Plants aren't the only things growing at the Bellevue Botanical Garden this spring. To accommodate a steady increase in popularity, the Garden is set for some dramatic growth of its own, including the construction of a new visitor center and expansion of the parking lot.
A groundbreaking ceremony is set for Tuesday, April 23, 3:30 to 4:30 p.m., at the Botanical Garden Shorts Visitor Center, 12001 Main St. The event will feature a preview of the design drawings, music and refreshments.
Mayor Conrad Lee and several councilmembers are confirmed to attend, along with many members of the Bellevue Botanical Garden Society.
The planned improvements are designed to enhance existing educational programs and provide facilities for more visitors. Designed by Olson Kundig Architects, the project features the following elements:
- New Visitor Center -- The centerpiece of the improvements, the 8,500 square-foot visitor center will include an outdoor covered orientation space, gift shop, meeting space, offices and restrooms. Multi-purpose classrooms and meeting spaces are designed to meet the rising interest in education at the BBG and accommodate a wide range of programming.
- Parking Lot Expansion -- The new parking lot will more than double the BBG's current parking capacity and will provide safer access to the visitor center.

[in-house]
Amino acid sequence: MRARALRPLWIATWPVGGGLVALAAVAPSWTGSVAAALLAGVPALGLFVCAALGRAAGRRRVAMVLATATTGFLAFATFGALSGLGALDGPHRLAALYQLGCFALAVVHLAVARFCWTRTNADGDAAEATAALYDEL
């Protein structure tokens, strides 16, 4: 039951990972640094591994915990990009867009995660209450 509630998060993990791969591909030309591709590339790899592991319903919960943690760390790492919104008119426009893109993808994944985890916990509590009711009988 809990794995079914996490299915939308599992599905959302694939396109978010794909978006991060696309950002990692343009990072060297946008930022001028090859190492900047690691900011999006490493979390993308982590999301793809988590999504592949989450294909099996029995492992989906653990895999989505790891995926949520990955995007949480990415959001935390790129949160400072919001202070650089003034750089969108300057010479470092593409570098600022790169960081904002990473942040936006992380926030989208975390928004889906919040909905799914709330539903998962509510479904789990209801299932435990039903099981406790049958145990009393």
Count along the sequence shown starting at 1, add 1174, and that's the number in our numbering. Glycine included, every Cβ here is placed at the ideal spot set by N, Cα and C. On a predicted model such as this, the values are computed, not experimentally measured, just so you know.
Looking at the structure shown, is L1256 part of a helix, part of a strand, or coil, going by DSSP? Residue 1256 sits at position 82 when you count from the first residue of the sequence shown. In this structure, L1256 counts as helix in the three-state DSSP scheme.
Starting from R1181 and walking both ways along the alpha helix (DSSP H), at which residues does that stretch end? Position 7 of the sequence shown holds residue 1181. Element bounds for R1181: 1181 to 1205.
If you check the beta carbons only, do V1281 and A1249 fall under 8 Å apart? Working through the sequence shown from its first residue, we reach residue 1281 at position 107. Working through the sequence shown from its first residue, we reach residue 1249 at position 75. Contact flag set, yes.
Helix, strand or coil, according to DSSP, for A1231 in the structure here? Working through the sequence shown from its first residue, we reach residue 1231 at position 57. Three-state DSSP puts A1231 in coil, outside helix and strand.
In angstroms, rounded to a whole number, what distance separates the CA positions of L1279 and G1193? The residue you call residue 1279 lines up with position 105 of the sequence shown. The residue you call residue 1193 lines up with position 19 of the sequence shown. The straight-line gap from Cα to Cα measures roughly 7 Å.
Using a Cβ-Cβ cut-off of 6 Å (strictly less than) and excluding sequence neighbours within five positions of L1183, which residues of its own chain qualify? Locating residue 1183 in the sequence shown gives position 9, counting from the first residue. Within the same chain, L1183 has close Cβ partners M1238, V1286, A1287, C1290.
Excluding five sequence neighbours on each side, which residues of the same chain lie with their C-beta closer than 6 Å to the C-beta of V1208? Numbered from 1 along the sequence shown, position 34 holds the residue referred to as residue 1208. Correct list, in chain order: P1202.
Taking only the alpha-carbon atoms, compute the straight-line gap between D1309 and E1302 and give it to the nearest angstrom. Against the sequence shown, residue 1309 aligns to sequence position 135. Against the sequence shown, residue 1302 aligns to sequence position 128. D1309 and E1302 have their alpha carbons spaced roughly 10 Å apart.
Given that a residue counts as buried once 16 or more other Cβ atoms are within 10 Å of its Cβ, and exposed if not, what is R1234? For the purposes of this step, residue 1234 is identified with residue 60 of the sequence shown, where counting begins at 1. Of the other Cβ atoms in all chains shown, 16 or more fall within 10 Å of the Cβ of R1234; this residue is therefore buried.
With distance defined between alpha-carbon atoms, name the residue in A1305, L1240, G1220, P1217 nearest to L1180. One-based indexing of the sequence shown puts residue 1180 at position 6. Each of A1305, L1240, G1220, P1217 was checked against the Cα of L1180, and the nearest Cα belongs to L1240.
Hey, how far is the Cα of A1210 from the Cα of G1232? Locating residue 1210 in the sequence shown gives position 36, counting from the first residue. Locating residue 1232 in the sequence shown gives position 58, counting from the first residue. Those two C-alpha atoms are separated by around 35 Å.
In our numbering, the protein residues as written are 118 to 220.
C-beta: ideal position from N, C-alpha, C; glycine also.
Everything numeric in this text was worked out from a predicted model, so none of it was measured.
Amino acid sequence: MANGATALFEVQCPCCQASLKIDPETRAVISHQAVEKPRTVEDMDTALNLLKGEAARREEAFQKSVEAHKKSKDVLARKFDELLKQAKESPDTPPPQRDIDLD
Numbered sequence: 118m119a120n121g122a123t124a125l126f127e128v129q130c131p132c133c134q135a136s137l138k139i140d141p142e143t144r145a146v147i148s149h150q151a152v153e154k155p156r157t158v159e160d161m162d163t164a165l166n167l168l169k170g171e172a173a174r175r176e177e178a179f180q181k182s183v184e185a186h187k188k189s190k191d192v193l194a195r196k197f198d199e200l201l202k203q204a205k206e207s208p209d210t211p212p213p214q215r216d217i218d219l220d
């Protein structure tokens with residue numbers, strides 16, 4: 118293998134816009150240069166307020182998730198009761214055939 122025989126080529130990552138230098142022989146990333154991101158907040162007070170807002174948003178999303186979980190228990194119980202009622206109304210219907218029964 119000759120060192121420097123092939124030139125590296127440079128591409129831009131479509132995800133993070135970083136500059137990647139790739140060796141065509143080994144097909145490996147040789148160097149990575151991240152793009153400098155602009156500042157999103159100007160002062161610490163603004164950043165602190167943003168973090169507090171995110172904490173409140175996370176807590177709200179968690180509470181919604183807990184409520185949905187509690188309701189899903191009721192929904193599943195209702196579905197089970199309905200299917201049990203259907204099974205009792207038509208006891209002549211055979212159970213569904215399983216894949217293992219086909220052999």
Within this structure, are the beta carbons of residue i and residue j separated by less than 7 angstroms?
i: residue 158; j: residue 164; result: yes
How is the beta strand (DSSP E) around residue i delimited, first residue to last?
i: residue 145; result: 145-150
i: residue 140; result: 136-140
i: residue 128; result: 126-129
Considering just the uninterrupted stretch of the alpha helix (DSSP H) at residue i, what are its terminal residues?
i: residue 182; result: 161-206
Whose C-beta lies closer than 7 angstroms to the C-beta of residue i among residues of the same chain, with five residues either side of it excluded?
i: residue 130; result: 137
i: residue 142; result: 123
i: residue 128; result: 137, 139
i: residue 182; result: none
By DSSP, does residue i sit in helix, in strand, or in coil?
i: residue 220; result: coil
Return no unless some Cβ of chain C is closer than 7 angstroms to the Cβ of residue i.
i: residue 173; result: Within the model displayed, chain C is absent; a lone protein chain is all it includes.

- New Gardens -- The BBG will undergo extensive landscape work and the development of outdoor circulation space. Existing gardens will be enhanced, and new gardens will be developed, including the Fernery, Spring Court and the Iris Rain Garden.
The Botanical Garden opened in 1992, and thrives because of strong community support, including the partnership between the city and the Bellevue Botanical Garden Society. With more than 300,000 visitors a year, the Botanical Garden is one of the city's most popular destinations.
Voters approved the BBG project in the 2008 Parks & Natural Areas Levy. The project is expected to cost about $10 million, and the Bellevue Botanical Garden Society has committed $5 million towards the project through its Growing a Living Legacy private fundraising campaign.
The project page offers more information, including project details, construction schedule and impacts, or contact Ken Kroeger, project manager at 425-452-4624 or firstname.lastname@example.org.
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